New OSHA Electronic Recordkeeping Rule Creates Series of Problems
Associated Builders and Contractors (ABC) released the following statement in reaction to the release of the Occupational Safety and Health Administration’s (OSHA) final rule on Tracking of Workplace Injuries and Illnesses, commonly referred to as “electronic recordkeeping.”
“OSHA created a rule that does nothing to achieve its stated goal of reducing workplace injuries and illnesses and ignored the concerns from industry that this rulemaking will have unintended negative consequences,” said ABC Vice President of Health, Safety, Environment and Workforce Development Greg Sizemore. “Associated Builders and Contractors is committed to working with our members and OSHA to create safe construction work environments. However, in departing from its current ’no fault’ recordkeeping system, OSHA has empowered itself to disseminate records and data to the public that fails to show the complete narrative of a company’s safety record or its efforts to promote a safe work environment.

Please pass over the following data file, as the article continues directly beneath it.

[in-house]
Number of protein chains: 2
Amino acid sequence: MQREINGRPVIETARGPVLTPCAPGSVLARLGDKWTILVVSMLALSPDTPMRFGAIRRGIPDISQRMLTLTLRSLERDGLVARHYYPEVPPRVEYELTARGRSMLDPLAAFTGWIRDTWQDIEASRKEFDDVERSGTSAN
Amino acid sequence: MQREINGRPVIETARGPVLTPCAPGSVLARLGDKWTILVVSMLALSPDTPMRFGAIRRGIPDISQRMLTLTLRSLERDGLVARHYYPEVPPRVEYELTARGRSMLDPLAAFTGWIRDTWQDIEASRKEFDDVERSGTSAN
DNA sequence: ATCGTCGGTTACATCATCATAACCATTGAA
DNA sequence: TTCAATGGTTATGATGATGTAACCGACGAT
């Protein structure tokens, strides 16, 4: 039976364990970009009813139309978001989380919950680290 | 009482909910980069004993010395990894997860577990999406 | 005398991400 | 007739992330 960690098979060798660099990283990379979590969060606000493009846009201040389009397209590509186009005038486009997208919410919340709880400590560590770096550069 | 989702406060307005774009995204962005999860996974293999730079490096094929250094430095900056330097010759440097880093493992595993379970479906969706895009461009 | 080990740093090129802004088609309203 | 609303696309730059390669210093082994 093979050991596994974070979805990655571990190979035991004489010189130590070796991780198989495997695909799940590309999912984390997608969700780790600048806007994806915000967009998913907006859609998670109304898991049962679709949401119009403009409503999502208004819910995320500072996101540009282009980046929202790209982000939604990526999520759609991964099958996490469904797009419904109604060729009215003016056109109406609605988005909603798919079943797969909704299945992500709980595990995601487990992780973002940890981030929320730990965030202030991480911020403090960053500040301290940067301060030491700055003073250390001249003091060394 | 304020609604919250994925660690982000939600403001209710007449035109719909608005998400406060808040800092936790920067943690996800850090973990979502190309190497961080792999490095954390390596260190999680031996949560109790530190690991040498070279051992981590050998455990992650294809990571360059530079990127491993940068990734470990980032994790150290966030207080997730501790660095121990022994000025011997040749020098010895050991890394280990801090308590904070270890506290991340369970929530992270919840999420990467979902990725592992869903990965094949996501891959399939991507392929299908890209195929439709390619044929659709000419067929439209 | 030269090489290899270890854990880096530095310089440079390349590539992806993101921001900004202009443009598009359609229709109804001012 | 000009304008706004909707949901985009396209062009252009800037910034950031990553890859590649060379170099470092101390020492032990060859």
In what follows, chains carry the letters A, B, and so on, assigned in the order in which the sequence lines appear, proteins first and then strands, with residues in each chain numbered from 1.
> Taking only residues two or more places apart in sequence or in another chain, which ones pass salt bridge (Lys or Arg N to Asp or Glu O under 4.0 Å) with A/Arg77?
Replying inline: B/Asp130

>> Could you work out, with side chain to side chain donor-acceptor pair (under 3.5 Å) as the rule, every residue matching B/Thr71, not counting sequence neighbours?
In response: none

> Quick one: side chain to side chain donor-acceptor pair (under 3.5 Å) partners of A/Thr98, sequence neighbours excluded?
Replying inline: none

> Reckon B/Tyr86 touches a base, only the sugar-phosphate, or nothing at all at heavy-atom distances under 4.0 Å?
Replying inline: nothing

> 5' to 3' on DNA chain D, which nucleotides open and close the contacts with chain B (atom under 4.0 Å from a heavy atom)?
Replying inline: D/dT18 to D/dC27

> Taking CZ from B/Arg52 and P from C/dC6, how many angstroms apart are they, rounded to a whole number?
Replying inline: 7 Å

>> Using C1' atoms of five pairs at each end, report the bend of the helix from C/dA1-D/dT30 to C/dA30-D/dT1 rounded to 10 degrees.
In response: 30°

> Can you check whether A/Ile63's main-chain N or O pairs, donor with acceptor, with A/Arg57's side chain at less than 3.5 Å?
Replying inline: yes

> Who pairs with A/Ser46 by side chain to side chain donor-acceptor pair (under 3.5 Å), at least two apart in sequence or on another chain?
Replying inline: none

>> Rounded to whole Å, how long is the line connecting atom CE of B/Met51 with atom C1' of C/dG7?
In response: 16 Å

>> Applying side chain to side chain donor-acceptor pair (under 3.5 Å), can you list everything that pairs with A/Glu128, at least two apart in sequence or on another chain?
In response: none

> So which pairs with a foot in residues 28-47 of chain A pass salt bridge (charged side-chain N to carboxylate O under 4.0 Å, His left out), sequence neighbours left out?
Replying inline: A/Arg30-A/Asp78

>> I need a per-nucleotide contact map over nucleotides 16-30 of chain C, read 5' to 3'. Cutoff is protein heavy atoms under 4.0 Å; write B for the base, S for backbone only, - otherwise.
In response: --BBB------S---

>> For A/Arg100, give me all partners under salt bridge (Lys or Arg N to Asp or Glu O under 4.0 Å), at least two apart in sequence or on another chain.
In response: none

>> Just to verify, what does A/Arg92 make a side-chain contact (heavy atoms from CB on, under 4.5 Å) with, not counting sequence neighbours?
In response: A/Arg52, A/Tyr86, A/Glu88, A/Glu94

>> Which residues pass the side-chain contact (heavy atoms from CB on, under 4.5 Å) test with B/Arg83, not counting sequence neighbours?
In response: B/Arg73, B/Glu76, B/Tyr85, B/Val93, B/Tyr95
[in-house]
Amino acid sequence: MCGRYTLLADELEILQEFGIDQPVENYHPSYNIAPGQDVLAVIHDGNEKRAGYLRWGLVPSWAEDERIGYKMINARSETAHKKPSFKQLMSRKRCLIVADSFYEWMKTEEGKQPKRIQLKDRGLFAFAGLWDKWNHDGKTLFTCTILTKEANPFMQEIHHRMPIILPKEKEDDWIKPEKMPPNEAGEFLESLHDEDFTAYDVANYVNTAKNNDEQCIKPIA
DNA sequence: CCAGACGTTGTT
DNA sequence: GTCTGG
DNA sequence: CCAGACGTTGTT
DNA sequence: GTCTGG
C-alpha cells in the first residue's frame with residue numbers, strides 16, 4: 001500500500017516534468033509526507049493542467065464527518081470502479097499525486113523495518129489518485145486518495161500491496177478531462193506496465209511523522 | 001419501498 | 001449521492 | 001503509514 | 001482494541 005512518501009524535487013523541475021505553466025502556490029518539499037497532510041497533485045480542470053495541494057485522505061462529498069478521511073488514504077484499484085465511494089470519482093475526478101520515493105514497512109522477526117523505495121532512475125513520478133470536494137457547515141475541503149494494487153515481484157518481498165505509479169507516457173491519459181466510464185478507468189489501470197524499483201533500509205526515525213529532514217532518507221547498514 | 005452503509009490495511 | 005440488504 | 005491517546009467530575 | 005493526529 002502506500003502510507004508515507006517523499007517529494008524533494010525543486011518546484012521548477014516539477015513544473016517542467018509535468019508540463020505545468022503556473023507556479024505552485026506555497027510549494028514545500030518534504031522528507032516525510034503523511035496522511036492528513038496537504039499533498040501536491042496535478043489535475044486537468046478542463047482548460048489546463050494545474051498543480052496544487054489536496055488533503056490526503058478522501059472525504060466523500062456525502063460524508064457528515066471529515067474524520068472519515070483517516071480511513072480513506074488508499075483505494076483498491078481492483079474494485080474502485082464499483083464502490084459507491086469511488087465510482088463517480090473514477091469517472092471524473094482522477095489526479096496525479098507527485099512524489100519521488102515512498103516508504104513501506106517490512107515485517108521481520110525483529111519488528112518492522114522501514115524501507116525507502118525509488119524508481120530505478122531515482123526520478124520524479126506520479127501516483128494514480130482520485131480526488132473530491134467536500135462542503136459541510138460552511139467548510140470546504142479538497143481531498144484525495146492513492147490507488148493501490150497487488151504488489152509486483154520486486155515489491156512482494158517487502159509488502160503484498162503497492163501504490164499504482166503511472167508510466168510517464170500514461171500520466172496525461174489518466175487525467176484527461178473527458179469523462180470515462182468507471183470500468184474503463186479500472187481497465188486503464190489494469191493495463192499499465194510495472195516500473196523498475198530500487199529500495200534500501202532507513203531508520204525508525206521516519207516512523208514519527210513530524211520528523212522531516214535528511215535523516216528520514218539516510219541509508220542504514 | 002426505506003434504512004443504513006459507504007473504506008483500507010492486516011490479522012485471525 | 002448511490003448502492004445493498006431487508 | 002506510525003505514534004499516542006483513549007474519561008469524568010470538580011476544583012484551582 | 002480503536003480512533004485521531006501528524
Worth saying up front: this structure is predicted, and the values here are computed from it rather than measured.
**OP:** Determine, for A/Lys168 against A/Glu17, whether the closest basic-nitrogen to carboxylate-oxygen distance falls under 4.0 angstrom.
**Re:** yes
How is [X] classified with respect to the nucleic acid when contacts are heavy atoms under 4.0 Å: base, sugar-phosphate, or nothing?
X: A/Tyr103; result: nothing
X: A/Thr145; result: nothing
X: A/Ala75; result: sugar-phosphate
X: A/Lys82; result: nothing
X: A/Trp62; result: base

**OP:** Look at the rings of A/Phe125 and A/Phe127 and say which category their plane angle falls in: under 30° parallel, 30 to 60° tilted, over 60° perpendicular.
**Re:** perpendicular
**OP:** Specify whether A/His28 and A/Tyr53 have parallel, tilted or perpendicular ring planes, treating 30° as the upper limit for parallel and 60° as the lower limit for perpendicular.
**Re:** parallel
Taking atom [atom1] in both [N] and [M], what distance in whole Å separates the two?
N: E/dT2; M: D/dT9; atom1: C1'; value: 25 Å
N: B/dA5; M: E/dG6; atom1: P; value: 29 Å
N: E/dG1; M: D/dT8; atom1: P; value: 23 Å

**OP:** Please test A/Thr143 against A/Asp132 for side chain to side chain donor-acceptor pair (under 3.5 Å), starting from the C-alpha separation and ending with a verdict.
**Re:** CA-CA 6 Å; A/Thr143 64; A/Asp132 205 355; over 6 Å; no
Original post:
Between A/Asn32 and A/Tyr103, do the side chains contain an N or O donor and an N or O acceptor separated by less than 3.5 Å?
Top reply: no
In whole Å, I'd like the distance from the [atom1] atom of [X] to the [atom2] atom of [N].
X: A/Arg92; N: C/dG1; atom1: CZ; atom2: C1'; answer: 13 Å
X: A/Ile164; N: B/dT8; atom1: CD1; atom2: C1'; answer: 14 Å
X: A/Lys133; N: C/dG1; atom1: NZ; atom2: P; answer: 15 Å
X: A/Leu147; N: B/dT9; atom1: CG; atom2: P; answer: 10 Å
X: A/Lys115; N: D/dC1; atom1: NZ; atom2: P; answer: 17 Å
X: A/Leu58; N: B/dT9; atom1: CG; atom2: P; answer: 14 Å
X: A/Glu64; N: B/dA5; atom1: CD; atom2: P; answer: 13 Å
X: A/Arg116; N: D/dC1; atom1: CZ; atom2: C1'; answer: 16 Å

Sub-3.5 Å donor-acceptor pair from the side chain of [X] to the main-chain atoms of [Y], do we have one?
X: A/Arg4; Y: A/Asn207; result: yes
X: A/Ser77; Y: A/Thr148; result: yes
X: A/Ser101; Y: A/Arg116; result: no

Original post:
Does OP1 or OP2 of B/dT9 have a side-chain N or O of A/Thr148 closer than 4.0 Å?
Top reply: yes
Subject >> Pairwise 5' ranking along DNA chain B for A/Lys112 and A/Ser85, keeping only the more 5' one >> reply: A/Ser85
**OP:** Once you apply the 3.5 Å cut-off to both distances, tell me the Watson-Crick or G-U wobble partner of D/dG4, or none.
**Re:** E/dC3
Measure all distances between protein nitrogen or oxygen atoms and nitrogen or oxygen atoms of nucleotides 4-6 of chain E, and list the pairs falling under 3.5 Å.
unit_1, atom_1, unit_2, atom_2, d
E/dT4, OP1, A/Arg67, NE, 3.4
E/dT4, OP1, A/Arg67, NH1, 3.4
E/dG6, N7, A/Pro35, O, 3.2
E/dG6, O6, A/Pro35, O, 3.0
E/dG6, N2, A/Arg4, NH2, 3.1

“Additionally, OSHA has exceeded its authority by forcing companies to reveal confidential business details to the public,” said Sizemore. “In the past, OSHA has recognized sensitive information, such as the number of hours worked by employees on a project, as ‘privileged and confidential.’ However, in departing from this opinion OSHA will give competitors undue access to business processes that should remain confidential.”
ABC has been an active participant throughout the electronic recordkeeping rulemaking process. ABC has:
- Participated in a Jan. 2014 public meeting held by OSHA to explain its concerns with the proposed rule as a member of the Coalition for Workplace Safety (CWS)
- Submitted comments in March 2014 along with more than 900 member companies asking OSHA to withdraw the rule as proposed
- Submitted comments in Oct. 2014 along with other members of CWS